The apolipoprotein B mRNA-editing enzyme, catalytic polypeptide-like (APOBEC) mutational signature has only recently been detected in a multitude of cancers through next-generation sequencing. In contrast, APOBEC has been a focus of virology research for over a decade. Many lessons learnt regarding APOBEC within virology are likely to be applicable to cancer. In this review, we explore the parallels between the role of APOBEC enzymes in HIV and cancer evolution. We discuss data supporting the role of APOBEC mutagenesis in creating HIV genome heterogeneity, drug resistance, and immune escape variants. We hypothesize similar functions of APOBEC will also hold true in cancer.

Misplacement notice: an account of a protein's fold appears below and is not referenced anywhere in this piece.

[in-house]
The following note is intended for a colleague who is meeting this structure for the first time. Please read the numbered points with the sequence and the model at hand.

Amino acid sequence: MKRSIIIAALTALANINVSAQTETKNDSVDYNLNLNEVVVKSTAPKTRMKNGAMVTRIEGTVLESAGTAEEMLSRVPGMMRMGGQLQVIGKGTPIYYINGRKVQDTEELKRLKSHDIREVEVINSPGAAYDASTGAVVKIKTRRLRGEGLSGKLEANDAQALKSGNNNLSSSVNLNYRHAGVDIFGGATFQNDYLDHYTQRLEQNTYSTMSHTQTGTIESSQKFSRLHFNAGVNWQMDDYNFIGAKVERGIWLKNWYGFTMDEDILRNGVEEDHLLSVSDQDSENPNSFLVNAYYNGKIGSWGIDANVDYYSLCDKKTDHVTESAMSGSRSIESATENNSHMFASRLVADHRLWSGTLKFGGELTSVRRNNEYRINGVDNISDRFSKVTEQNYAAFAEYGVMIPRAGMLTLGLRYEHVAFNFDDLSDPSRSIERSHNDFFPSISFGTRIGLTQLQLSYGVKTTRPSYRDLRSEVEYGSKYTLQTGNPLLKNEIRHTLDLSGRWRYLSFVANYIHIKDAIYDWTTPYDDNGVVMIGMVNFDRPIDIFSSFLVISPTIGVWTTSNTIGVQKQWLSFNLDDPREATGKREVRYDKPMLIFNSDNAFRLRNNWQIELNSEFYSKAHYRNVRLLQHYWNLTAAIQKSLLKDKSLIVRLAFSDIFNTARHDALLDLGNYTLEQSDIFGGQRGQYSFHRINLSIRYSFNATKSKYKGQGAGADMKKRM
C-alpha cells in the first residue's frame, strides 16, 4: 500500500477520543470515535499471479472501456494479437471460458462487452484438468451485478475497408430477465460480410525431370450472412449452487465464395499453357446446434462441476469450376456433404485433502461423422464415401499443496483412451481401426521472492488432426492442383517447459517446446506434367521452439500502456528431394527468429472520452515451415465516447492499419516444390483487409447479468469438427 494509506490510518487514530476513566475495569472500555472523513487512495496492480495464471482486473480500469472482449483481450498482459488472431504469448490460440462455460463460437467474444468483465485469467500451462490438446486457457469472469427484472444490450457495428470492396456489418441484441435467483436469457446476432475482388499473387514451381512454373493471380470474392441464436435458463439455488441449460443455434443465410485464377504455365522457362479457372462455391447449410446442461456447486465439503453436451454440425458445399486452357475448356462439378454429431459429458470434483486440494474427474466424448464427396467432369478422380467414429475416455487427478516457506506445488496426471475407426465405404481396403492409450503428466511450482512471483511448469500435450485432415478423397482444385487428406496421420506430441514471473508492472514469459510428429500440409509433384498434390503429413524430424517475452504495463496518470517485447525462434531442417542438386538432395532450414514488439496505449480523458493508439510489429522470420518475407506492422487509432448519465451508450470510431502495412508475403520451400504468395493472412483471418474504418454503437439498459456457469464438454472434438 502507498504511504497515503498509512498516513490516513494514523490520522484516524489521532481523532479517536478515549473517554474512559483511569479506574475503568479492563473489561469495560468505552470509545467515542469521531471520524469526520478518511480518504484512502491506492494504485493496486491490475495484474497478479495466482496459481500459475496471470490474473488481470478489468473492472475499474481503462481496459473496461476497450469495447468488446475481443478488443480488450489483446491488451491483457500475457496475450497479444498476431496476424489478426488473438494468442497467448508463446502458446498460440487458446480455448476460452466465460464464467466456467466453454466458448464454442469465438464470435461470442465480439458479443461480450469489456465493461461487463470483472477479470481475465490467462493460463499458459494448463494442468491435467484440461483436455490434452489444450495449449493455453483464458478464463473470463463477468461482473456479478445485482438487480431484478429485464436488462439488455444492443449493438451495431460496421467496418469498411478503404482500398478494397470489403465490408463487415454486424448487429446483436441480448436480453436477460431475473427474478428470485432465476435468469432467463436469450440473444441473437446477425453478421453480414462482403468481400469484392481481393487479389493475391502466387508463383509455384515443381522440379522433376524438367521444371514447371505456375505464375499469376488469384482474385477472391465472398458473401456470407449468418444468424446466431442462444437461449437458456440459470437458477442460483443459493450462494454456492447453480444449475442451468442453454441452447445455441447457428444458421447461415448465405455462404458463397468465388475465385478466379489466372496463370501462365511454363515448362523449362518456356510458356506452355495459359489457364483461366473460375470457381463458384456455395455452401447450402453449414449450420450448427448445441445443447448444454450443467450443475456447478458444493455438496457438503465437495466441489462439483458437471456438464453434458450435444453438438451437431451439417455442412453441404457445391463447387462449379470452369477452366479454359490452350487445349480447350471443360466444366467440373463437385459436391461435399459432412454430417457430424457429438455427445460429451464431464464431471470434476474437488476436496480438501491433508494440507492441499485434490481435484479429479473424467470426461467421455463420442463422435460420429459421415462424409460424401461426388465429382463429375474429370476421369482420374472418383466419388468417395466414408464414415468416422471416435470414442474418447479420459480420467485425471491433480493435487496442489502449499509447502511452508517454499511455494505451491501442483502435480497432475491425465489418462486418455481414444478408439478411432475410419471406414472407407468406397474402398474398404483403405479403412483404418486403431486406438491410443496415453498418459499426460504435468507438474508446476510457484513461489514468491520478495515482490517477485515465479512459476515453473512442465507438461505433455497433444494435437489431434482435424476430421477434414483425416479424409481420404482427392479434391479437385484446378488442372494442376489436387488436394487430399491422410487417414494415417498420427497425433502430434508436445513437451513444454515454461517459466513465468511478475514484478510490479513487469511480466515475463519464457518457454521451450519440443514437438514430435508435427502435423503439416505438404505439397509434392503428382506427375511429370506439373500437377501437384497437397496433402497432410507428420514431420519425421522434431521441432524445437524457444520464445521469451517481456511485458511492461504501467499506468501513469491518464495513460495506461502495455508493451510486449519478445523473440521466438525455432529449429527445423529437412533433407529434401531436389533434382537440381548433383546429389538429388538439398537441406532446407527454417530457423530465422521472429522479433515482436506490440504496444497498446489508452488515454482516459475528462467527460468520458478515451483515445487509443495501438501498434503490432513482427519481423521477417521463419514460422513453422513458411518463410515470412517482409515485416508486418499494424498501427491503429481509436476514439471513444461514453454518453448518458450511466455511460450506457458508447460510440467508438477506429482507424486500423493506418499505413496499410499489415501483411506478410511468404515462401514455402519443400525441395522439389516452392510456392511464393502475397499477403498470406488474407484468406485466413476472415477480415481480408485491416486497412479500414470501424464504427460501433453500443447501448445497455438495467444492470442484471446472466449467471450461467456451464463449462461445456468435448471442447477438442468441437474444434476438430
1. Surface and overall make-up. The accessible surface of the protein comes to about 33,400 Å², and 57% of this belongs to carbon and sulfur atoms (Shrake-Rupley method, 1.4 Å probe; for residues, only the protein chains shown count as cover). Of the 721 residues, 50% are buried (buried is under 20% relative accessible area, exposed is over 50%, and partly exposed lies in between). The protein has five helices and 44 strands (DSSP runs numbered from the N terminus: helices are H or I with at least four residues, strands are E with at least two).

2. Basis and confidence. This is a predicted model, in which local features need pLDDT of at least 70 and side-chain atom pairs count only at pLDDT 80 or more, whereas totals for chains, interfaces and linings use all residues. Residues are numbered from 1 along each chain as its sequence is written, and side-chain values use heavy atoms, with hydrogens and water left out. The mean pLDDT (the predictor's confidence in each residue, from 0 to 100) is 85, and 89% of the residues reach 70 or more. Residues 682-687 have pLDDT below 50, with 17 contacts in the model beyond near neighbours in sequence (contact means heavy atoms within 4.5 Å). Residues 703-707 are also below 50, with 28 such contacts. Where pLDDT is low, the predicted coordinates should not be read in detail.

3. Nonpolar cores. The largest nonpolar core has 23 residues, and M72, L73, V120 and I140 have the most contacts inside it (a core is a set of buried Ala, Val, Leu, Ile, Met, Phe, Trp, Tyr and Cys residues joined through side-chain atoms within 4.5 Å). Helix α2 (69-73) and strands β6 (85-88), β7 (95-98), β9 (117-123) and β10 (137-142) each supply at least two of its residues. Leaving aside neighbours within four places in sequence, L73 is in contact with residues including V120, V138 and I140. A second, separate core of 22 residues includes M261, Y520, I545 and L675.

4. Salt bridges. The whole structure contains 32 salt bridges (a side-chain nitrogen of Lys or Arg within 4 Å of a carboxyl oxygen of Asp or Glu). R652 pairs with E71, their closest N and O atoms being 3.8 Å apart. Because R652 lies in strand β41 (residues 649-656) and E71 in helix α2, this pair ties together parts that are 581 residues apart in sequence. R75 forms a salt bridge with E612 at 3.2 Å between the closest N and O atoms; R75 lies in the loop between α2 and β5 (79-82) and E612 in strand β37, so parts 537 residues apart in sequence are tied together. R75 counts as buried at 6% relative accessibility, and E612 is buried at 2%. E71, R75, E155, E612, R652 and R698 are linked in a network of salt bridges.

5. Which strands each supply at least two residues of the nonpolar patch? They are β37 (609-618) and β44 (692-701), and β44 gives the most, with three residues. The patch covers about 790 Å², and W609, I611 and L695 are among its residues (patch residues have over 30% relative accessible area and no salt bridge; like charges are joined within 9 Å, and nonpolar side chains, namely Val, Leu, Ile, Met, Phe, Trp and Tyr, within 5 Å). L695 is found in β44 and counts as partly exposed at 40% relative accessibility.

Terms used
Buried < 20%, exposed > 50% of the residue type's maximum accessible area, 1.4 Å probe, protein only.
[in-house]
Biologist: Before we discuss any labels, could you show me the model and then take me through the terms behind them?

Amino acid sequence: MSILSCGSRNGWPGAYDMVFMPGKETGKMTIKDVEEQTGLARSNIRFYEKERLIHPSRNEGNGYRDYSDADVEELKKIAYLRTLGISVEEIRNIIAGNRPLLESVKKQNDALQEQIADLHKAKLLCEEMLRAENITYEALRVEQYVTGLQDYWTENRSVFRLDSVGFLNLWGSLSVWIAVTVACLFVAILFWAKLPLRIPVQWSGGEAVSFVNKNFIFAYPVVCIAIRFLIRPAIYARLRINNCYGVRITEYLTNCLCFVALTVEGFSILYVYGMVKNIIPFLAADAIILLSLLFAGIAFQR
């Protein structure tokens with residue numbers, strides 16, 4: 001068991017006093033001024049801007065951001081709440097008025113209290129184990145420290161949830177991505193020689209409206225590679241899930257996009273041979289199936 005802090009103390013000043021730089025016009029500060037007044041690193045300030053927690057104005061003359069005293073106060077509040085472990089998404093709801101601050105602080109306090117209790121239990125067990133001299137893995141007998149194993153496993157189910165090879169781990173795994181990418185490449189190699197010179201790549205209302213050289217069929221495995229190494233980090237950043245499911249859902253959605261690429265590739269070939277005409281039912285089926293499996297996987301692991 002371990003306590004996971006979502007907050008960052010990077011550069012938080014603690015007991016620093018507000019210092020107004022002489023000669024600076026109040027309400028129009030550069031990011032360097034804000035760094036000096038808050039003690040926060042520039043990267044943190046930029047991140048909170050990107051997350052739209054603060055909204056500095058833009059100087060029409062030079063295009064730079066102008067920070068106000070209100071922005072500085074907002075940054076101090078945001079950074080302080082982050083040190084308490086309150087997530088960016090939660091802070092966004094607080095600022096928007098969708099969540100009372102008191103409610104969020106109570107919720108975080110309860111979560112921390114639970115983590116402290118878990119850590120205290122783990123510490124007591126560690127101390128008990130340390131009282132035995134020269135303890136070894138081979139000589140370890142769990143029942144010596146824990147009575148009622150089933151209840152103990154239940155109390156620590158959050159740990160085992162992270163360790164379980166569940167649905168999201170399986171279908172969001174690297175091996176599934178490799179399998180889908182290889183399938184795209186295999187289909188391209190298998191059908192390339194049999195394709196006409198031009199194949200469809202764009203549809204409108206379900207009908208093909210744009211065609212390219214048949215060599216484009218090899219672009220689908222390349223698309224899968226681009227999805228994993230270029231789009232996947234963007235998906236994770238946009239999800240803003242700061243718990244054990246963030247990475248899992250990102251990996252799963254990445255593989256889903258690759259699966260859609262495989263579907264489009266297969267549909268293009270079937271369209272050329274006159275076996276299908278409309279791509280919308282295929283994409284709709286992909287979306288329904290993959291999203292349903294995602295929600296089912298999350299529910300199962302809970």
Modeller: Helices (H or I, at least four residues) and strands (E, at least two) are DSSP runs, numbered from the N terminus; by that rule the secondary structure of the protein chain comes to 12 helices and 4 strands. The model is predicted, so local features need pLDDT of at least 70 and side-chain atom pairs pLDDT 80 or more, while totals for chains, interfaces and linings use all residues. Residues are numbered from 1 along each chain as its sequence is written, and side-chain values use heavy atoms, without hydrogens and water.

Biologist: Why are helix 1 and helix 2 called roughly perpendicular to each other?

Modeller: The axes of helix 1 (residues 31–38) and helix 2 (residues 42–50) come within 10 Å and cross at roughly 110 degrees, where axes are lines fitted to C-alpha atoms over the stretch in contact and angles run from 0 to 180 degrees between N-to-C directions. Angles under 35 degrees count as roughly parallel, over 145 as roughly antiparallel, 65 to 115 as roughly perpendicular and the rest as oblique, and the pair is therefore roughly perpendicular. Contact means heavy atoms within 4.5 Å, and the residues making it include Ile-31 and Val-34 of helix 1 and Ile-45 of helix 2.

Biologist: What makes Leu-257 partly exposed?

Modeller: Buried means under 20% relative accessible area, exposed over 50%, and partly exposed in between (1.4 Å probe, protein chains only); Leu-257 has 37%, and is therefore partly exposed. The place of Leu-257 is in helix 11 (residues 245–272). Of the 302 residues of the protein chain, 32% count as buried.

Bibliographical notePublisher Copyright:
© The Author(s) 2018. Published by Oxford University Press on behalf of the European Society for Medical Oncology. All rights reserved.
- Drug resistance
- Human immunodeficiency virus
- Immune escape
- Intratumour heterogeneity